## A nonabelian group whose every proper subgroup is abelian is not simple

Prove that if $G$ is any nonabelian group in which every proper subgroup is abelian then $G$ is not simple.

We begin with a lemma.

Lemma: If $M \leq G$ is maximal, then for all $g \in G$, $g^{-1}Mg \leq G$ is maximal. Proof: Suppose to the contrary that $M$ is maximal and that $g^{-1}Mg$ is not; let $g^{-1}Mg \leq H \leq G$. Then $M \leq gHg^{-1} \leq G$, with all containments proper, a contradiction. $\square$

Let $G$ be a finite nonabelian group in which every proper subgroup is abelian. Suppose that $G$ is simple.

Let $M \leq G$ be a maximal subgroup. By this previous exercise, $G \neq \bigcup_{g \in G} g^{-1}Mg$; let $x \in G$ such that $x$ is not in a conjugate of $M$. Now $x \in N$ for some maximal subgroup $N \leq G$. Note that $N$ is not conjugate to $M$, so that the conjugates of $N$ and $M$ are pairwise distinct. Moreover, by this previous exercise, the conjugates of $N$ and $M$ intersect trivially pairwise. Thus the nonidentity elements in conjugates of $N$ and $M$ form disjoint subsets of $G$. By this previous exercise, the number of nonidentity elements in conjugates of $M$ is $(|M|-1)[G:M]$ and in conjugates of $N$ is $(|N|-1)[G:N]$, so that $G$ has at least $(|M|-1)[G:M] + (|N|-1)[G:N]$ nonidentity elements. Now note the following.

 $|G|$ $>$ $(|M|-1)[G:M] + (|N|-1)[G:N]$ (strictness since $G$ also contains 1) = $(|M|-1)\frac{|G|}{|M|} + (|N|-1)\frac{|G|}{|N|}$ (since $G$ is finite) = $|G| - \frac{|G|}{|M|} + |G| - \frac{|G|}{|N|}$ = $|G|(2 - (\frac{1}{|M|} + \frac{1}{|N|}))$, so that $|G|$ $>$ $|G|(2 - \frac{|M|+|N|}{|M||N|})$ and hence $1$ $>$ $2 - \frac{|M|+|N|}{|M||N|}$, and thus $|M|+|N|$ $>$ $|M||N|$.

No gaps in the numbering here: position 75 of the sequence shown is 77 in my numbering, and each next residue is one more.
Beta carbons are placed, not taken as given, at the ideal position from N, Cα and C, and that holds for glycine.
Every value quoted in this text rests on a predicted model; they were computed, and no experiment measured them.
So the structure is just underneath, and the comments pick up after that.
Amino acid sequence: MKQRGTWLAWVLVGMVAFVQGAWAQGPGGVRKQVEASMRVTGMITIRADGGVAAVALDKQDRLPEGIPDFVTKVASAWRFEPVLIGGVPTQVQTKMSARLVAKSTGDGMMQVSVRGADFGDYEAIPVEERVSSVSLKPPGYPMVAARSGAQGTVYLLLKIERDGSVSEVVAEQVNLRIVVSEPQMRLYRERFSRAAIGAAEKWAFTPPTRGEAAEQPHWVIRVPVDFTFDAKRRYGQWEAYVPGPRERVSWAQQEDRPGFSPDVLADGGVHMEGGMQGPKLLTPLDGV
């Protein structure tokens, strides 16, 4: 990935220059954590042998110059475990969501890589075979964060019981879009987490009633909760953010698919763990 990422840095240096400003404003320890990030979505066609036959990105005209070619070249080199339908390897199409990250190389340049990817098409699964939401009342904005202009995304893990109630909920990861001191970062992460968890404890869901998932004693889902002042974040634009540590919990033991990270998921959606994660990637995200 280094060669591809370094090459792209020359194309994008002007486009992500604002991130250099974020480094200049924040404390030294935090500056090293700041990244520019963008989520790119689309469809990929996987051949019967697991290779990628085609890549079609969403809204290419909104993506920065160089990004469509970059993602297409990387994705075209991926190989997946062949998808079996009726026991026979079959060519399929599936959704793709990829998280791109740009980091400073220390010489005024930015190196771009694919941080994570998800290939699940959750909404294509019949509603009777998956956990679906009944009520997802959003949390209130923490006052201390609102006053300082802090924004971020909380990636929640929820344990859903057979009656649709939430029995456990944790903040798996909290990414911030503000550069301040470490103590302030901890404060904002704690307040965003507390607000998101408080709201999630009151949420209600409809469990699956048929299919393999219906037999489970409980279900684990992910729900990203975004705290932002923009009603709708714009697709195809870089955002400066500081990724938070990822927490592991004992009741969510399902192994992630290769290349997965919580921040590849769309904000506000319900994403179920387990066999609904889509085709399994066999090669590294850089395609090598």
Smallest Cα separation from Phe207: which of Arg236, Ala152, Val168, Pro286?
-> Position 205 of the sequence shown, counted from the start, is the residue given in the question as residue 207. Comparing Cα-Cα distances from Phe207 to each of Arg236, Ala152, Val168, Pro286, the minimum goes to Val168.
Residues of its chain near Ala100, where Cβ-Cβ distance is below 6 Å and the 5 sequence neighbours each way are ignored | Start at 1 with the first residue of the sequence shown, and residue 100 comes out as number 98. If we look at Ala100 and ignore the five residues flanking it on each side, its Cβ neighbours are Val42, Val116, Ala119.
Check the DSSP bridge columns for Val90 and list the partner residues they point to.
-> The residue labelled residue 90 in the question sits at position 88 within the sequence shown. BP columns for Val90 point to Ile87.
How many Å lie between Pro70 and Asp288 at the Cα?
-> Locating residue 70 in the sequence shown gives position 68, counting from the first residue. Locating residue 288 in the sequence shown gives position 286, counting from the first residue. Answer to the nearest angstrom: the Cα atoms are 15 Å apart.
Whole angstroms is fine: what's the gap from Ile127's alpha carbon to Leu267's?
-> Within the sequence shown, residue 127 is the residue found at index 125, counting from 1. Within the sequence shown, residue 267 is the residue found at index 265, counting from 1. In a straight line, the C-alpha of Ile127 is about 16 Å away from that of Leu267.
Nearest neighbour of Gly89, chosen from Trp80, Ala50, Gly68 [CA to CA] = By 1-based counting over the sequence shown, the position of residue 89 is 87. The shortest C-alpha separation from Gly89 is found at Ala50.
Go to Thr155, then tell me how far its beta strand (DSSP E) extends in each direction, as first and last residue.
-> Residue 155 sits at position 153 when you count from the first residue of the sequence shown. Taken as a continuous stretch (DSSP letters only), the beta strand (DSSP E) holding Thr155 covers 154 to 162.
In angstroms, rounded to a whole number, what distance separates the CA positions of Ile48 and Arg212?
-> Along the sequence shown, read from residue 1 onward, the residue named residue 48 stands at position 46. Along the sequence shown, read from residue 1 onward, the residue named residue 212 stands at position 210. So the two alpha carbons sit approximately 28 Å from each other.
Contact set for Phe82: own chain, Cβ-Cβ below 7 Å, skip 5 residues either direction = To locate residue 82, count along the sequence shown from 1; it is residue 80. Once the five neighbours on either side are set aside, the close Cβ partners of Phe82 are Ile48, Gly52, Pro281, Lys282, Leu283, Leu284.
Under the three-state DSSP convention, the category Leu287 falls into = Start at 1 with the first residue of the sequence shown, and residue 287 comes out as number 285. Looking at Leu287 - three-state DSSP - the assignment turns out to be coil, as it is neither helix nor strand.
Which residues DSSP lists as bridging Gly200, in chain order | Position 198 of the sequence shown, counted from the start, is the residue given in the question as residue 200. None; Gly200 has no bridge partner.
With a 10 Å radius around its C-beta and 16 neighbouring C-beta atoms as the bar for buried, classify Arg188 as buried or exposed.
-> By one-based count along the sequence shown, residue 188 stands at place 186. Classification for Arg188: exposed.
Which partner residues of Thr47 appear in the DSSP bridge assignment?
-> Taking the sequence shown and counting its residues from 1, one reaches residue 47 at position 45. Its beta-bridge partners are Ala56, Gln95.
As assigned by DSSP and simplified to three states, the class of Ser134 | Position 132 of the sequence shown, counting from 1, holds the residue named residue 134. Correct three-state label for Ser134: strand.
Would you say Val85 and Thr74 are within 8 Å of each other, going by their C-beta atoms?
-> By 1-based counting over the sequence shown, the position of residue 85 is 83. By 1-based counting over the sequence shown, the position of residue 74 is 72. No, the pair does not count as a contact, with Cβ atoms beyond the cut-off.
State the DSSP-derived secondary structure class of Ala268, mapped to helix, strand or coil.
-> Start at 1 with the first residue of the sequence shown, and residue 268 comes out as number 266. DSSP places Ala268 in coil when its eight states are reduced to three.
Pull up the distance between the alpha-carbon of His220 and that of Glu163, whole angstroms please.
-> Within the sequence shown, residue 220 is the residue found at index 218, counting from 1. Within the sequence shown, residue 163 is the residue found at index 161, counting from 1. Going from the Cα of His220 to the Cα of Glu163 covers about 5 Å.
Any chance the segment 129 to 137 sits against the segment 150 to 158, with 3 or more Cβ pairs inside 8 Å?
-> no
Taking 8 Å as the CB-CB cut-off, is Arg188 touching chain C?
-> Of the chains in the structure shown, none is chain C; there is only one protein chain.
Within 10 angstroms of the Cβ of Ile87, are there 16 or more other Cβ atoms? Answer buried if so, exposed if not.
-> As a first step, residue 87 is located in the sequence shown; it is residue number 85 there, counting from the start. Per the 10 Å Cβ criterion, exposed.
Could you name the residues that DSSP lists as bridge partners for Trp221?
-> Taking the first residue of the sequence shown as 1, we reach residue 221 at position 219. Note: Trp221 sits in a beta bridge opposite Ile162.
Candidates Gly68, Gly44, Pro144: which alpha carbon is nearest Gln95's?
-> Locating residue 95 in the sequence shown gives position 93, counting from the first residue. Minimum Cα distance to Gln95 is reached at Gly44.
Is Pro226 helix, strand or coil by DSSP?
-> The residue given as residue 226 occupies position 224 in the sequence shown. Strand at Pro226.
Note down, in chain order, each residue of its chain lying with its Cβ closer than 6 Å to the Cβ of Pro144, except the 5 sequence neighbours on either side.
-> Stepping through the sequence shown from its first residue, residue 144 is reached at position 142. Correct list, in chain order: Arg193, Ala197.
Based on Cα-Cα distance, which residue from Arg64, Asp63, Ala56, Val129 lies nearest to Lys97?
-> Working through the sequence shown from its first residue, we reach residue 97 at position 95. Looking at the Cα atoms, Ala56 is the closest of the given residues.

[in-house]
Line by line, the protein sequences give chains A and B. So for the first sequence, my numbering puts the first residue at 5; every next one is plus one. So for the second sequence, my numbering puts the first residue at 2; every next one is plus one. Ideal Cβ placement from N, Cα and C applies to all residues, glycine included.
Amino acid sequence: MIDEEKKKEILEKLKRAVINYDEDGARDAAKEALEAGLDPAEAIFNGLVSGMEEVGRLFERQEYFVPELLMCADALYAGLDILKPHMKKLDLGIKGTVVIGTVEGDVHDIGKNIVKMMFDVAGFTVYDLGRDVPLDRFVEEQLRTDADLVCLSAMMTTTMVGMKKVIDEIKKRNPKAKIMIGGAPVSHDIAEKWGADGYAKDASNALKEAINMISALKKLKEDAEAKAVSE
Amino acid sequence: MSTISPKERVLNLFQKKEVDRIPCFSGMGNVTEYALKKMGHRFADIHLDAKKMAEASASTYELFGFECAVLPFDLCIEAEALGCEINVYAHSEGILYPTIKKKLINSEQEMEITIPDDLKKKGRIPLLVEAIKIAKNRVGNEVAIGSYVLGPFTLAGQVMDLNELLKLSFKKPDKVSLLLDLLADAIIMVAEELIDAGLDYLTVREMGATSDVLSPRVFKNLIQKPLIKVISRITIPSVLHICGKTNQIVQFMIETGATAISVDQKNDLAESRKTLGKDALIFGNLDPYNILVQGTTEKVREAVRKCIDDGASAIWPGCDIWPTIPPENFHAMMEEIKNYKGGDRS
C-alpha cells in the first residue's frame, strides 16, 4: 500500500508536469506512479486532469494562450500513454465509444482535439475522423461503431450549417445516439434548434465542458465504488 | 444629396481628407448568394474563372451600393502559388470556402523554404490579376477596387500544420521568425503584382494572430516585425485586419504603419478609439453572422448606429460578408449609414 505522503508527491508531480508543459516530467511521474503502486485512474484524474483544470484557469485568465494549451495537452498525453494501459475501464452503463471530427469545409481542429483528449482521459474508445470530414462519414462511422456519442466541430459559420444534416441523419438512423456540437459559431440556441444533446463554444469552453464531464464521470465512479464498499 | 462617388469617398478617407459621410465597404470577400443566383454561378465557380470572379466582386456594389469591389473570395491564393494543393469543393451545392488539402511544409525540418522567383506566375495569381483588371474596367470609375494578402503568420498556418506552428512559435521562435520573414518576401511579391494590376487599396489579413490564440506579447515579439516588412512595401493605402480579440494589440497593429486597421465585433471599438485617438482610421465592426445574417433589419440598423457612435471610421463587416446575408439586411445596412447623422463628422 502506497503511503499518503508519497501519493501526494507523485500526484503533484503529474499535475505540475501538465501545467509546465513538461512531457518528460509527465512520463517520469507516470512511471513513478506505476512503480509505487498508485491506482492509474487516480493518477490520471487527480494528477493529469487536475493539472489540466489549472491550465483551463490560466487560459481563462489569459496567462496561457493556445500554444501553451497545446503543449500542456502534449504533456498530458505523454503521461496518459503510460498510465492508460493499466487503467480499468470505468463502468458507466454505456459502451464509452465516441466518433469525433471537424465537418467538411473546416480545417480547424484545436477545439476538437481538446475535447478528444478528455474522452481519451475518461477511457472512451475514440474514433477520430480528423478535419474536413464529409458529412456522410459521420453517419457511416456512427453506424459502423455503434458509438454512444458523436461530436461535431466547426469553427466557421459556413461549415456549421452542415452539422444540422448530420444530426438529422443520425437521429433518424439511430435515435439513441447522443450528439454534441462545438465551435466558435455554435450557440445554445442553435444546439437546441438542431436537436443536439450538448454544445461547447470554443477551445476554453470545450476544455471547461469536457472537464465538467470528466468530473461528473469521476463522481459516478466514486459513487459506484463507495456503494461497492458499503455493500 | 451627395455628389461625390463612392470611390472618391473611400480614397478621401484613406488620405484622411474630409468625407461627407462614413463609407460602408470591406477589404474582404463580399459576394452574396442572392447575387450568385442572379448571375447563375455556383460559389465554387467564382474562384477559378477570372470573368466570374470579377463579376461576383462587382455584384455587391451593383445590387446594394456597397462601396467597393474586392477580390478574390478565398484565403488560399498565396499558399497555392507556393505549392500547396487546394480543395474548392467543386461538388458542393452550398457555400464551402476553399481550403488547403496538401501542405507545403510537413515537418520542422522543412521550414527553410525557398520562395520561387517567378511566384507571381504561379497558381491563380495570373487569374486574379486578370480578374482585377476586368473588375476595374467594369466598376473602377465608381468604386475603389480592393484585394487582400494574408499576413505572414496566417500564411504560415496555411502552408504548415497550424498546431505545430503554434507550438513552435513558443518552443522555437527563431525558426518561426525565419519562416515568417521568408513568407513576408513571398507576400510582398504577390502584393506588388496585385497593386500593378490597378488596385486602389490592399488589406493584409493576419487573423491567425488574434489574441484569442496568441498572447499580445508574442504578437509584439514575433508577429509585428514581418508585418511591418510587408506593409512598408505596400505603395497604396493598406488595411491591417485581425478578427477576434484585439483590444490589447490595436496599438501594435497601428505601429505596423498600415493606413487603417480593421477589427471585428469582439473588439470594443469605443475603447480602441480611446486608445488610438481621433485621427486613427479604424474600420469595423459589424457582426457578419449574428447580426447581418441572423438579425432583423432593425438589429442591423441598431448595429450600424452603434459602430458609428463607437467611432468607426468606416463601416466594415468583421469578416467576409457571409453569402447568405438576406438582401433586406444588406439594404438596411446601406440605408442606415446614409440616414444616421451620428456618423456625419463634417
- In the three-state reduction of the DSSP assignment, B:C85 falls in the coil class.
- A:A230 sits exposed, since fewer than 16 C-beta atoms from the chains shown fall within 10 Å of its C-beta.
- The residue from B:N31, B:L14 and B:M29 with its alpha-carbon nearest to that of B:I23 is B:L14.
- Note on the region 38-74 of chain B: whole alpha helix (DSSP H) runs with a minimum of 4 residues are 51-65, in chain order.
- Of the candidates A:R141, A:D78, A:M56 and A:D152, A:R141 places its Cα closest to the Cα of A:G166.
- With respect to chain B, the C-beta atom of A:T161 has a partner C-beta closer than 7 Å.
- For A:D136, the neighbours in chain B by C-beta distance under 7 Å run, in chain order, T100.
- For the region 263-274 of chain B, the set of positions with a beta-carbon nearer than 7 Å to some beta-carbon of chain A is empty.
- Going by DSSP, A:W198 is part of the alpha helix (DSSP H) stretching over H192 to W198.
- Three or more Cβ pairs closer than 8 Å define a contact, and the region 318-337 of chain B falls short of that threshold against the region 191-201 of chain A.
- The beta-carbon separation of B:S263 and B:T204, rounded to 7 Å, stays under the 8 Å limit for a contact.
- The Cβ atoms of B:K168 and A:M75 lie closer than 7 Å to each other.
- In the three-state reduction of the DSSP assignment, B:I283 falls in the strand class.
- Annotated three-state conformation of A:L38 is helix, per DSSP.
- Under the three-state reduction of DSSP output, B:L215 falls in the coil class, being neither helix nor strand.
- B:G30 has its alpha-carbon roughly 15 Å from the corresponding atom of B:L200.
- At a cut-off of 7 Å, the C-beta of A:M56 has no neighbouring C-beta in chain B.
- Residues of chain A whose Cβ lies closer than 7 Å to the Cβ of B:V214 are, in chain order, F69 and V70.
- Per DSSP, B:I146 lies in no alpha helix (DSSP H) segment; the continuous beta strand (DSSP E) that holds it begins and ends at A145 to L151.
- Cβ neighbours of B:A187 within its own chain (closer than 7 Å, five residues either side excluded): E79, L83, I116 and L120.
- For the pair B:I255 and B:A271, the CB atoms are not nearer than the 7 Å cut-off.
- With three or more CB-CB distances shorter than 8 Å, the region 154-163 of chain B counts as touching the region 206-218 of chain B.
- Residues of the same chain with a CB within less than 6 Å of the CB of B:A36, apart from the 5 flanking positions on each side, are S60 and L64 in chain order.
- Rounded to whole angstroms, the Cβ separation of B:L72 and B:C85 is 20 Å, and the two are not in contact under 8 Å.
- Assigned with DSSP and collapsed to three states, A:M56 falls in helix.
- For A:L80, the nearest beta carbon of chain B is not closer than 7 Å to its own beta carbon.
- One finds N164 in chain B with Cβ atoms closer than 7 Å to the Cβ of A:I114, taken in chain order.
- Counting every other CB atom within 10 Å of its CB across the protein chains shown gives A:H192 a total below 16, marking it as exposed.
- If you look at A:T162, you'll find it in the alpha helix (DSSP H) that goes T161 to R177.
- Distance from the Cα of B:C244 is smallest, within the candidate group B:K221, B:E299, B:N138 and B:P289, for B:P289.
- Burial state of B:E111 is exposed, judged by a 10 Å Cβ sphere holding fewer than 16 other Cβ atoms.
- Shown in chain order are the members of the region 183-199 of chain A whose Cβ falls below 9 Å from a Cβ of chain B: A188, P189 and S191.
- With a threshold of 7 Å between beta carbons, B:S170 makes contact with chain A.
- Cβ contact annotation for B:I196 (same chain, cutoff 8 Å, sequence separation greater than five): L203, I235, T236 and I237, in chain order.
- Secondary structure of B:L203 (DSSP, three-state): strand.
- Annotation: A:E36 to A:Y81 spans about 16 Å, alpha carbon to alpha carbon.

Then (without loss of generality) we have $|M| \in \{1,2\}$, since for natural numbers $a$ and $b$ with $a \geq 3$, $ab \geq a+b$.

Suppose $|M| = 1$. If $|G|$ is composite, then via Cauchy’s theorem we have a contradiction (as there exist proper nontrivial subgroups in $G$). Then $|G|$ is prime, but then $G \cong \mathbb{Z}/(p)$ is abelian, a contradiction. In particular, we may assume that $|M|, |N| \geq 2$.

Suppose $|M| = 2$. Then since $M$ is maximal, $M$ is in fact a Sylow 2-subgroup of $G$. Hence $|G| = 2k$ where $k$ is odd, and by this previous exercise, $G$ is not simple, a contradiction.

Thus no such group $G$ exists.

• Lennon  On February 28, 2011 at 7:48 am

in the paragraph starting with “Let M in G be a maximal subgroup”, why do we have |G|=|MN| since MN may not be a subgroup(if it is, then we are done but what if not?)

• nbloomf  On February 28, 2011 at 10:01 am

Good point.

I think that the proof still works using the weaker (and certainly true) inequality $|G| \geq |MN|$.

• nhanttruong  On July 6, 2011 at 6:36 pm

We’re assuming M and N to be distinct maximal subgroups of G finite simple where every subgroup is abelian. So by the previous problem, $M\cap N = 1$ and G = MN.

• nhanttruong  On July 6, 2011 at 6:53 pm

A (just) slightly different proof starting with G having at least $(|M| - 1)|G:M| + (|N| - 1)|G:N|$ nonidentity elements, so that G has at least $(|M| - 1)|G:M| + (|N| - 1)|G:N| + 1 = 1 + 2|G| - \frac{|G|}{|M|} - \frac{|G|}{|N|}$ elements. We want to show that this is > |G|. Rearranging, we want to show $1+|M||N| = 1 + |G| > \frac{|M|+|N|}{|M||N|}|G| = |M| + |N|.$ The first and last equalities follow because M and N are distinct maximal subgroups of G with trivial intersection. Then the inequality follows since for $a,b\geq 2, 1+ab>a+b.$

• nhanttruong  On July 8, 2011 at 2:26 am

This proof is wrong. The first and last inequalities don’t follow because G needs not be MN.

• Gobi Ree  On December 26, 2011 at 3:45 am

I can’t understand why $G$ has at least $|G|+|M||N|-|M|-|N|$ elements.

• nbloomf  On January 18, 2012 at 1:26 pm

I can’t either… I came up with another argument which (I think) gets around that problem.